Spectral Super-resolution With Prior Knowledge - arXiv

2 downloads 0 Views 5MB Size Report
Sep 5, 2014 - coefficients rk as a function of its elements [43, p. 23]: rk = tr[ΘkG],. (III.10) ...... [25] V. Cevher, M. F. Duarte, C. Hegde, and R. Baraniuk, “Sparse.

1

Spectral Super-resolution With Prior Knowledge

arXiv:1409.1673v1 [cs.IT] 5 Sep 2014

Kumar Vijay Mishra, Myung Cho, Anton Kruger, and Weiyu Xu

Abstract—We address the problem of super-resolution frequency recovery using prior knowledge of the structure of a spectrally sparse, undersampled signal. In many applications of interest, some structure information about the signal spectrum is often known. The prior information might be simply knowing precisely some signal frequencies or the likelihood of a particular frequency component in the signal. We devise a general semidefinite program to recover these frequencies using theories of positive trigonometric polynomials. Our theoretical analysis shows that, given sufficient prior information, perfect signal reconstruction is possible using signal samples no more than thrice the number of signal frequencies. Numerical experiments demonstrate great performance enhancements using our method. We show that the nominal resolution necessary for the grid-free results can be improved if prior information is suitably employed. Keywords—super-resolution, atomic norm, probabilistic prior, block prior, known poles.

I. I NTRODUCTION N many areas of engineering, it is desired to infer the spectral contents of a measured signal. In the absence of any a priori knowledge of the underlying statistics or structure of the signal, the choice of spectral estimation technique is a subjective craft [1, 2]. However, in several applications, the knowledge of signal characteristics is available through previous measurements or prior research. By including such prior knowledge during spectrum estimation process, it is possible to enhance the performance of spectral analysis. One useful signal attribute is its sparsity in spectral domain. In recent years, spectral estimation methods that harness the spectral sparsity of signals have attracted considerable interest [3–6]. These methods trace their origins to compressed sensing (CS) that allows accurate recovery of signals sampled at sub-Nyquist rate [7]. In the particular context of spectral estimation, the signal is assumed to be sparse in a finite discrete dictionary such as Discrete Fourier Transform (DFT). As long as the true signal frequency lies in the center of a DFT bin, the discretization in frequency domain faithfully represents the continuous reality of the true measurement. If the true frequency is not located on this discrete frequency grid, then the aforementioned assumption of sparsity in the DFT domain is no longer valid [8, 9]. The result is an approximation error in spectral estimation often referred to as scalloping loss [10], basis mismatch [11], and gridding error [12]. Recent state-of-the-art research [5, 6, 13] has addressed the problem of basis mismatch by proposing compressed sensing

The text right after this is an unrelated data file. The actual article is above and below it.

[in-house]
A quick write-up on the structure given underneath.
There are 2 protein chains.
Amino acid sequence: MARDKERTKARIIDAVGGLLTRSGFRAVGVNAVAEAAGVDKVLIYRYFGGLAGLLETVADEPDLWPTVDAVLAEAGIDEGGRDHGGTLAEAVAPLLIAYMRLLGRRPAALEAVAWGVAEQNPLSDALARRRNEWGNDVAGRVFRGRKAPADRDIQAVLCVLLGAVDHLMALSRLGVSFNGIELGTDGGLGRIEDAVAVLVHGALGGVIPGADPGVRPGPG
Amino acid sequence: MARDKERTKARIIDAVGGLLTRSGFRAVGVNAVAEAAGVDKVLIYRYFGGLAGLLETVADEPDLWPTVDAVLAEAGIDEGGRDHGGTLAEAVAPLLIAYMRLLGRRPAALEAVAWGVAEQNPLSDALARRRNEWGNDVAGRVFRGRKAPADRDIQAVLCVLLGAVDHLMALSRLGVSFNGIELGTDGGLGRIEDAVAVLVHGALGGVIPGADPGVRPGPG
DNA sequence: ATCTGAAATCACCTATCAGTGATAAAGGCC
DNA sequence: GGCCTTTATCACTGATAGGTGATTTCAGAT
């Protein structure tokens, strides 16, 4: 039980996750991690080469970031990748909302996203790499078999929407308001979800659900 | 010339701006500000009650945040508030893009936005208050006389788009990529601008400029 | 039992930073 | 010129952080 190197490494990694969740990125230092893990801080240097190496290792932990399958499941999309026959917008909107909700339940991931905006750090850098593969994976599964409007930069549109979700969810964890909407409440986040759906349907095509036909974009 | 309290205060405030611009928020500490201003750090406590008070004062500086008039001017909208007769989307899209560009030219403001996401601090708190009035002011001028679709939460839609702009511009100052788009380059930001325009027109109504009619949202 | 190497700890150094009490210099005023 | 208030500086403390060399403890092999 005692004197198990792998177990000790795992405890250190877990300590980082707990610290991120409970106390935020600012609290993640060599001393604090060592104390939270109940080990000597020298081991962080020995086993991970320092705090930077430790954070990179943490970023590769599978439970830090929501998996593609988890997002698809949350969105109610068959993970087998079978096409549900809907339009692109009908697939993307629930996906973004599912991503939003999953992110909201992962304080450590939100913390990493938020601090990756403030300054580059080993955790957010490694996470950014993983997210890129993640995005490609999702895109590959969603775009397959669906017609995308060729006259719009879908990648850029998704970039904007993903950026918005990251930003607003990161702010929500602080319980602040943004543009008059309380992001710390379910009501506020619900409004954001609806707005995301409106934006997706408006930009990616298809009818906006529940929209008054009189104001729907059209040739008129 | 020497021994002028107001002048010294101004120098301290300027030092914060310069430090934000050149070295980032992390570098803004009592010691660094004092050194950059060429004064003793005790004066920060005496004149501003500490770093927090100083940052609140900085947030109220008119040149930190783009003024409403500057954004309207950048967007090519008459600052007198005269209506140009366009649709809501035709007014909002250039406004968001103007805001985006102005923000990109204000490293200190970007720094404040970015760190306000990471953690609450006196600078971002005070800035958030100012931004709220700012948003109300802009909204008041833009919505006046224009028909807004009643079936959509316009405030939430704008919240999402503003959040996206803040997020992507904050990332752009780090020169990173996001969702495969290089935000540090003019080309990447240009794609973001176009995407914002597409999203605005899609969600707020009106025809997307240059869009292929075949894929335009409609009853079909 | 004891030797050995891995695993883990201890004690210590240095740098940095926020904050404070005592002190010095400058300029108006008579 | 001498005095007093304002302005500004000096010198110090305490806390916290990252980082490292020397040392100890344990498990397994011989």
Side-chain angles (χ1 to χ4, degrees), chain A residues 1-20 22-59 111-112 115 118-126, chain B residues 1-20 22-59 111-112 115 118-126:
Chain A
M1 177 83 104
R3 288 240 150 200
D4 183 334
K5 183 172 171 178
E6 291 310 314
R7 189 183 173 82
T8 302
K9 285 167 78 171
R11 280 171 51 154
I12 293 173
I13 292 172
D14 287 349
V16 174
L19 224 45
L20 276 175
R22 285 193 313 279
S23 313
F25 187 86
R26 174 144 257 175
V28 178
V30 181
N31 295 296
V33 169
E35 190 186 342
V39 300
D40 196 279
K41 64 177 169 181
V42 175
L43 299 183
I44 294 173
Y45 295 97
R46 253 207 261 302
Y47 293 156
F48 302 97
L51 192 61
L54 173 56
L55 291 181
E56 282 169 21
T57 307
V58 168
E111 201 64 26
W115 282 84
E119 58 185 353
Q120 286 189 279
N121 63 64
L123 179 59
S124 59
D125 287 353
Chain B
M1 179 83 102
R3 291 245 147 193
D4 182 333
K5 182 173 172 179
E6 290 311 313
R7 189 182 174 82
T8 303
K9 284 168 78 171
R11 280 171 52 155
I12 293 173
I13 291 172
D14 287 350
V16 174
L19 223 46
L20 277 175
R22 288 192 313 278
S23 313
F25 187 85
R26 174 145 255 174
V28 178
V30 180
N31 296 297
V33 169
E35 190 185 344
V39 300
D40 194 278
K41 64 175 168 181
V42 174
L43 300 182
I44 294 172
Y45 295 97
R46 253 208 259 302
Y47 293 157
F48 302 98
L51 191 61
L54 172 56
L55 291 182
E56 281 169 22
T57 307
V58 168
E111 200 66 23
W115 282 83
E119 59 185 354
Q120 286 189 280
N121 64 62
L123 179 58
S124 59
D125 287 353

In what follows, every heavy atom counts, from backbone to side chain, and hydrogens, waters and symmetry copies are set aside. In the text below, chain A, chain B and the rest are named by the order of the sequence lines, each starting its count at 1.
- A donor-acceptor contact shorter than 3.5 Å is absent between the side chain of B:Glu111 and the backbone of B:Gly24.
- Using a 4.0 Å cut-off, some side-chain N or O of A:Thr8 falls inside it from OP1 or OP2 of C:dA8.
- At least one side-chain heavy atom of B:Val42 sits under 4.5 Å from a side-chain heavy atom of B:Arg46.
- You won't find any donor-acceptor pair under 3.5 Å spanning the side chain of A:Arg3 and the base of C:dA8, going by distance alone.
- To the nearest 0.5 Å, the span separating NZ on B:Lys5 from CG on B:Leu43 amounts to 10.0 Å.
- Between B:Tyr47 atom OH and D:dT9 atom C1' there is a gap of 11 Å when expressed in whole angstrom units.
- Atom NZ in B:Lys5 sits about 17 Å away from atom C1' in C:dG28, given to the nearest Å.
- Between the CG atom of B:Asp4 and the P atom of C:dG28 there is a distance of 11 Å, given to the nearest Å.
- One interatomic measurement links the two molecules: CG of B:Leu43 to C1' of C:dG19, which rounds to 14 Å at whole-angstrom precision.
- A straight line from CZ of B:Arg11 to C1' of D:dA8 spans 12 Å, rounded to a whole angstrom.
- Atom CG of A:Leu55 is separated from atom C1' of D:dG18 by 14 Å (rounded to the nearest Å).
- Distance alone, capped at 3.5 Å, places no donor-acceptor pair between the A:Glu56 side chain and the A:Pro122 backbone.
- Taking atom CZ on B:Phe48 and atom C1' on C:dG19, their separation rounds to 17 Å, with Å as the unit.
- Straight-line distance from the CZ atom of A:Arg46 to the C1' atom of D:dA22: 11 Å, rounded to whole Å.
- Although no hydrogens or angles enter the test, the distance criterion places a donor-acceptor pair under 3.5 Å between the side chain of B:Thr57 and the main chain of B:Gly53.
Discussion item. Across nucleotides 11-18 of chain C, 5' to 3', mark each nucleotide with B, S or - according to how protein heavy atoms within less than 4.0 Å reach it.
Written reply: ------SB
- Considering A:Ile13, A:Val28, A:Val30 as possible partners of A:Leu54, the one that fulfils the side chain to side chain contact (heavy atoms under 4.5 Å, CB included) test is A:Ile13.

I

The authors are with the Department of Electrical and Computer Engineering, The University of Iowa, Iowa City, IA, 52242 USA, e-mail: {kumarvijay-mishra, myung-cho, anton-kruger, weiyu-xu}@uiowa.edu Part of this work has been previously presented in 2014 IEEE International Conference on Acoustics, Speech, and Signal Processing (ICASSP).

in continuous spectral domain. This grid-free approach is inspired by the problems of total variation minimization [5] and atomic norm minimization [6] to recover super-resolution frequencies - lying anywhere in the continuous domain [0, 1] with few random time samples of the spectrally sparse signal, provided the line spectrum maintains a nominal separation. A number of generalizations of off-the-grid compressed sensing for specific signal scenarios have also been attempted, including extension to higher dimensions [14–16]. However, these formulations of off-the-grid compressed sensing assume no prior knowledge of signal other than sparsity in spectrum. In fact, in many applications, where signal frequencies lie in continuous domain such as radar [17], acoustics [18], communications [19], and power systems [20], additional prior information of signal spectrum might be available. For example, a radar engineer might know the characteristic speed with which a fighter aircraft flies. This knowledge then places the engineer in a position to point out the ballpark location of the echo from the aircraft in the Doppler frequency spectrum. Similarly, in a precipitation radar, the spectrum widths of echoes from certain weather phenomena (tornadoes or severe storms) are known from previous observations [21]. This raises the question whether we can use signal structures beyond sparsity to improve the performance of spectrum estimation. There are extensive works in compressed sensing literature that discuss recovering sparse signals using secondary signal support structures, such as structured sparsity [22] (tree-sparsity [23], block sparsity [24], and Ising models [25]), spike trains [26, 27], nonuniform sparsity [28, 29], and multiple measurement vectors (MMVs) [30]. However, these approaches assume discrete-valued signal parameters while, in the spectrum estimation problem, frequencies are continuous-valued. Therefore, the techniques of using prior support information in discrete compressed sensing for structured sparsity do not directly extend to spectrum estimation. Moreover, it is rather unclear as to how general signal structure constraints can be imposed for super-resolution recovery of continuous-valued frequency components. In this paper, we focus on a more generalized approach to super-resolution that addresses the foregoing problems with line spectrum estimation. We propose continuous-valued line spectrum estimation of irregularly undersampled signal in the presence of structured sparsity. Prior information about the signal spectrum comes in various forms. For example, in the spectral information concerning a rotating mechanical system, the frequencies of the supply lines or interfering harmonics might be precisely known [31]. However, in a communication problem, the engineer might only know the frequency band in which a signal frequency is expected to show up. Often the prior knowledge is not even specific to the level of knowing